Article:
is a purely Russian invention. It is used for making tea. In the 17th
century tea was delivered to Russia from the territory of West Mongolia
and it was used as medicine among the nobility. Tea was a competitor
of 'sbiten', the most favourite drink in Russia back then. Its components
were: hot water, medicinal herbs and honey.
the 18th century in the Urals and Tula samovar-kitchens were invented.
They were divided into three parts - two of them devoted to meals
cooking, and the third one wholly devoted to tea-making. Sbitennik
and samovar-kitchen were samovar prototypes.
were different ways of manufacturing the first samovars. Samovars
were produced in the Urals, Moscow, Saint-Petersburg, Tula; and later
in Vladimirskaya, Yaroslavskaya and Vyatskaya provinces. The first
samovar factory was founded in Tula by Nasar Usitsin in 1778. This
town of gunsmiths became famous throughout the world as the center
of samovar manufacture. Tula had everything that was needed for such
industry: rich ore mines, highly qualified masters skilled in working
metals and location (Tula is situated only 200 kilometres south of
manufacture soon became to be very profitable. Handicraftsmen were
quickly turning into manufacturers; workshops were transformed into
samovar manufactures. In 1826 there were only eight samovar factories,
whereas in 1896 there were already seventy.
Samovars were made out of cupronickel, red and green copper, pinchbeck,
and in special cases - out of silver. Some samovars were plated with
gold or silver, but brass was always the basic metal. In the course
of the centuries samovar shapes changed. By the end of the 19th century
the number of samovar types reached 165. Yet, it was almost impossible
to fully mechanize the samovars manufacture. Tools used for samovar
making were not changing and by hand assembly allowed for only five-six
samovars to be produced per day.
highest peak of samovar manufacture in Tula was reached in the 80s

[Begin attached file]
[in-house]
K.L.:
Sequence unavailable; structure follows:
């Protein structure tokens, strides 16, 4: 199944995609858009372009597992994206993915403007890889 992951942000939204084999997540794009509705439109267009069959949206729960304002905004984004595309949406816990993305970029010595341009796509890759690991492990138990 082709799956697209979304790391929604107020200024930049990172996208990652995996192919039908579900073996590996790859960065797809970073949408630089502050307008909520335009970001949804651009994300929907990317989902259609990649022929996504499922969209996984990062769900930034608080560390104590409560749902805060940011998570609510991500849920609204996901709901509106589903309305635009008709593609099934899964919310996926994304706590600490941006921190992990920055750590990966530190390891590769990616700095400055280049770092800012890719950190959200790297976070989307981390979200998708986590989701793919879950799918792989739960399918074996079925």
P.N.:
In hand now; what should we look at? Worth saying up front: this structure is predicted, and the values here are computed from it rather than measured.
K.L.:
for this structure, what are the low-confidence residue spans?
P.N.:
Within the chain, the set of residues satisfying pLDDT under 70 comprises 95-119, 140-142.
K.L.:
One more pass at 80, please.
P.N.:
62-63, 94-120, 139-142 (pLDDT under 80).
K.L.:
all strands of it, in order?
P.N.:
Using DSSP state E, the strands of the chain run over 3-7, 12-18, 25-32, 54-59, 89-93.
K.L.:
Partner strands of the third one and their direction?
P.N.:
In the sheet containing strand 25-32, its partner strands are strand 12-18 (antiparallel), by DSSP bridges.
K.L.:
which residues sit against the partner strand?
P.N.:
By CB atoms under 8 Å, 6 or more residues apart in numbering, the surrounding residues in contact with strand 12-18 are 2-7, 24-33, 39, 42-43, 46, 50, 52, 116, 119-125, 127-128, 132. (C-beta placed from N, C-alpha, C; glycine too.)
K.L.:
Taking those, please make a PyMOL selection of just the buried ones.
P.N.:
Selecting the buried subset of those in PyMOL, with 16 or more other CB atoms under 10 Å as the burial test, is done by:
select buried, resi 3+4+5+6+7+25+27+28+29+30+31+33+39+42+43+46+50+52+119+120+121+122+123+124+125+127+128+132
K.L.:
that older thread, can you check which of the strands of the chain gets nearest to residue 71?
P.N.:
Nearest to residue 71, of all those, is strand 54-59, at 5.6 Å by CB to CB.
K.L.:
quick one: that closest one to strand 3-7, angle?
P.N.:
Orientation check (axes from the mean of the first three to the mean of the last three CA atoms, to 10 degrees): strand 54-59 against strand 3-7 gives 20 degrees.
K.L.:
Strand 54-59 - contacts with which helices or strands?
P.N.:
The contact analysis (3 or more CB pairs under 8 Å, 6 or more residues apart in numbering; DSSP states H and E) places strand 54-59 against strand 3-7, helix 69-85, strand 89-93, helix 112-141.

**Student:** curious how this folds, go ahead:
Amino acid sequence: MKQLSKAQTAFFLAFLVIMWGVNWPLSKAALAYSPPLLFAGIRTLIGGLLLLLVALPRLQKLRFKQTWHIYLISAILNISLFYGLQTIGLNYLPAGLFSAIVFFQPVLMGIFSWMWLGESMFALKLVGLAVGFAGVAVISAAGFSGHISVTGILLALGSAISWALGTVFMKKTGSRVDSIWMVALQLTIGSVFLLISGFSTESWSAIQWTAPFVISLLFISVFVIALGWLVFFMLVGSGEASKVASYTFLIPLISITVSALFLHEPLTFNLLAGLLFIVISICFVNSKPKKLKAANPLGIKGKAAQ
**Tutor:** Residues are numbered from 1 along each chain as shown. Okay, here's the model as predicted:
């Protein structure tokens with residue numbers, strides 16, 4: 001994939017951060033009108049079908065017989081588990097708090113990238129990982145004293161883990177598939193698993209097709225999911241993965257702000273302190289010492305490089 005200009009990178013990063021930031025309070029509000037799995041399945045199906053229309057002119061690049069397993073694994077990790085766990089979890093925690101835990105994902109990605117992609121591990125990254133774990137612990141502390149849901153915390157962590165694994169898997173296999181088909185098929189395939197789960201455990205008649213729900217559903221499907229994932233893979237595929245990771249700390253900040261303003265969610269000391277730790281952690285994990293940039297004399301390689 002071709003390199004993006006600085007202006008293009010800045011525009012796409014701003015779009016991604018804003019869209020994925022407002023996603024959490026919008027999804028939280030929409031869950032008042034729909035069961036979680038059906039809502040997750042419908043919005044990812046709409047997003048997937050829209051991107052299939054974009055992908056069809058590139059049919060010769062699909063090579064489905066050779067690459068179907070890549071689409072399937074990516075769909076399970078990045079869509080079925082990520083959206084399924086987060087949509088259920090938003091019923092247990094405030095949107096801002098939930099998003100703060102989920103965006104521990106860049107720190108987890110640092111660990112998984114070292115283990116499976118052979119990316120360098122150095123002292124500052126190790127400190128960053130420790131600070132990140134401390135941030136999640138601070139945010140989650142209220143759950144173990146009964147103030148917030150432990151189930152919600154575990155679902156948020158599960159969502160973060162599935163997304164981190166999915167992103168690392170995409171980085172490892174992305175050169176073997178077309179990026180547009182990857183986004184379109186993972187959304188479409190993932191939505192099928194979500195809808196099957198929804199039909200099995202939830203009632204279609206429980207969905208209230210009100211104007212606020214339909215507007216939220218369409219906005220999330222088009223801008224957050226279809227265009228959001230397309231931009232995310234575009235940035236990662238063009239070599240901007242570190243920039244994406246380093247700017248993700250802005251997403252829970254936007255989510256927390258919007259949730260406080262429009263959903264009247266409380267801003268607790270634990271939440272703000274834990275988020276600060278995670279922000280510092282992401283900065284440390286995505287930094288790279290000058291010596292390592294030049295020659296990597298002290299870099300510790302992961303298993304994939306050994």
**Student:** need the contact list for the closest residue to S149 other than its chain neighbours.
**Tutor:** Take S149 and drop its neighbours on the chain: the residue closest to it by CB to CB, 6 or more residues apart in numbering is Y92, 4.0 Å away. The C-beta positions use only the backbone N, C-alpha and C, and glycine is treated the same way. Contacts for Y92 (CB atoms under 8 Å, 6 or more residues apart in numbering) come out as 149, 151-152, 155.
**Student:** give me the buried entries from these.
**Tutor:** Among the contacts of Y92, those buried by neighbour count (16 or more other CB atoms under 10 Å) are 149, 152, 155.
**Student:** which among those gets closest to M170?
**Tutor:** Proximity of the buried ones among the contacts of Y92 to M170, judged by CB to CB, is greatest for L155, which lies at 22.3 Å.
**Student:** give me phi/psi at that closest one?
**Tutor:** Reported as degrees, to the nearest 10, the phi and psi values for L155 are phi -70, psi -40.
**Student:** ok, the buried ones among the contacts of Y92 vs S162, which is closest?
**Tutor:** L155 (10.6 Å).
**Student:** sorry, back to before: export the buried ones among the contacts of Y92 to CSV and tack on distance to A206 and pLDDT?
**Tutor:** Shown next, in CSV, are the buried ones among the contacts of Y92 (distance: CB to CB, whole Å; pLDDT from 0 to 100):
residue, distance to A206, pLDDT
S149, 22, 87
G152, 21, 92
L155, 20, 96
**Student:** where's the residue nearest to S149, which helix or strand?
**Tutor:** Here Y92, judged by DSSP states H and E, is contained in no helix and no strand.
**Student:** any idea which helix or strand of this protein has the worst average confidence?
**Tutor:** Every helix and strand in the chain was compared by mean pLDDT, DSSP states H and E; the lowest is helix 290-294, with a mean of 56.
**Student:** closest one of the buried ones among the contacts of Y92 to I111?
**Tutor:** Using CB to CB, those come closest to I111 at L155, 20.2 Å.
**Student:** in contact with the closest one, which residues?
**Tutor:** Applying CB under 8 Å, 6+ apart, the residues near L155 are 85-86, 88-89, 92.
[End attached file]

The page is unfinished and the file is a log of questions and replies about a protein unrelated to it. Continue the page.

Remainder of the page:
of the 19th century.
Samovar was not only a feature of home comfort, the symbol of Russian
hospitality, but also a kind of a mascot. Among articles of folk domestic
art samovars occupy a special place. They are often viewed not only
as domestic utensils, but also as real works of applied arts. Each
true samovar master always wanted to astonish his customers by his
design and durability in combination with decorative qualities draw
interest to samovars of the people all over the world. Tula samovars
were represented at many exhibitions in Russia and abroad. Manufacturers
taking part at the exhibitions were constantly awarded with medals,
the reprints of which often appeared on their samovars after that.
samovars were spread all over Russia. At the fairs one could find
samovars of very different shapes: vase-shaped, pear-shaped, wine-glass-shaped,
etc. Prices reduction in the process of manufacture caused standardization
of samovar shapes. The so-called cylindrical samovars became widely
Tula produced coal samovars (the water in them was heated up by charcoal),
kerosene samovars and combined variants, the water in which could
be heated up by any kind of fuel. Prices were set in direct dependence
with shape, material and dimension of a samovar. Simple samovars were
sold in bulk. Articles of complicated shapes (presents, samovars made
to order) were sold by the piece.
the whole of the 19th century portable samovars were produced in Tula.
As a rule, they were multi-sided, cubic and right-angled.
the two hundred years, production technology improved considerably.
Now presses and conveyor lines are widely employed. Casting under
pressure is also widespread. At "Shtamp" plant nickel-plating
automatic line was introduced. Samovars here are decorated by art
rolling. The plant produces samovars of different types: coal (of
six versions) and - from 1956 - electrical (volume 2-3 litres; for
buffets), combined and painted.
traditions keep on existing and developing. Gorgeous samovars - authentic
works of art - are still produced in Russia. Samovars are still awarded
with prizes and medals at national and international exhibitions.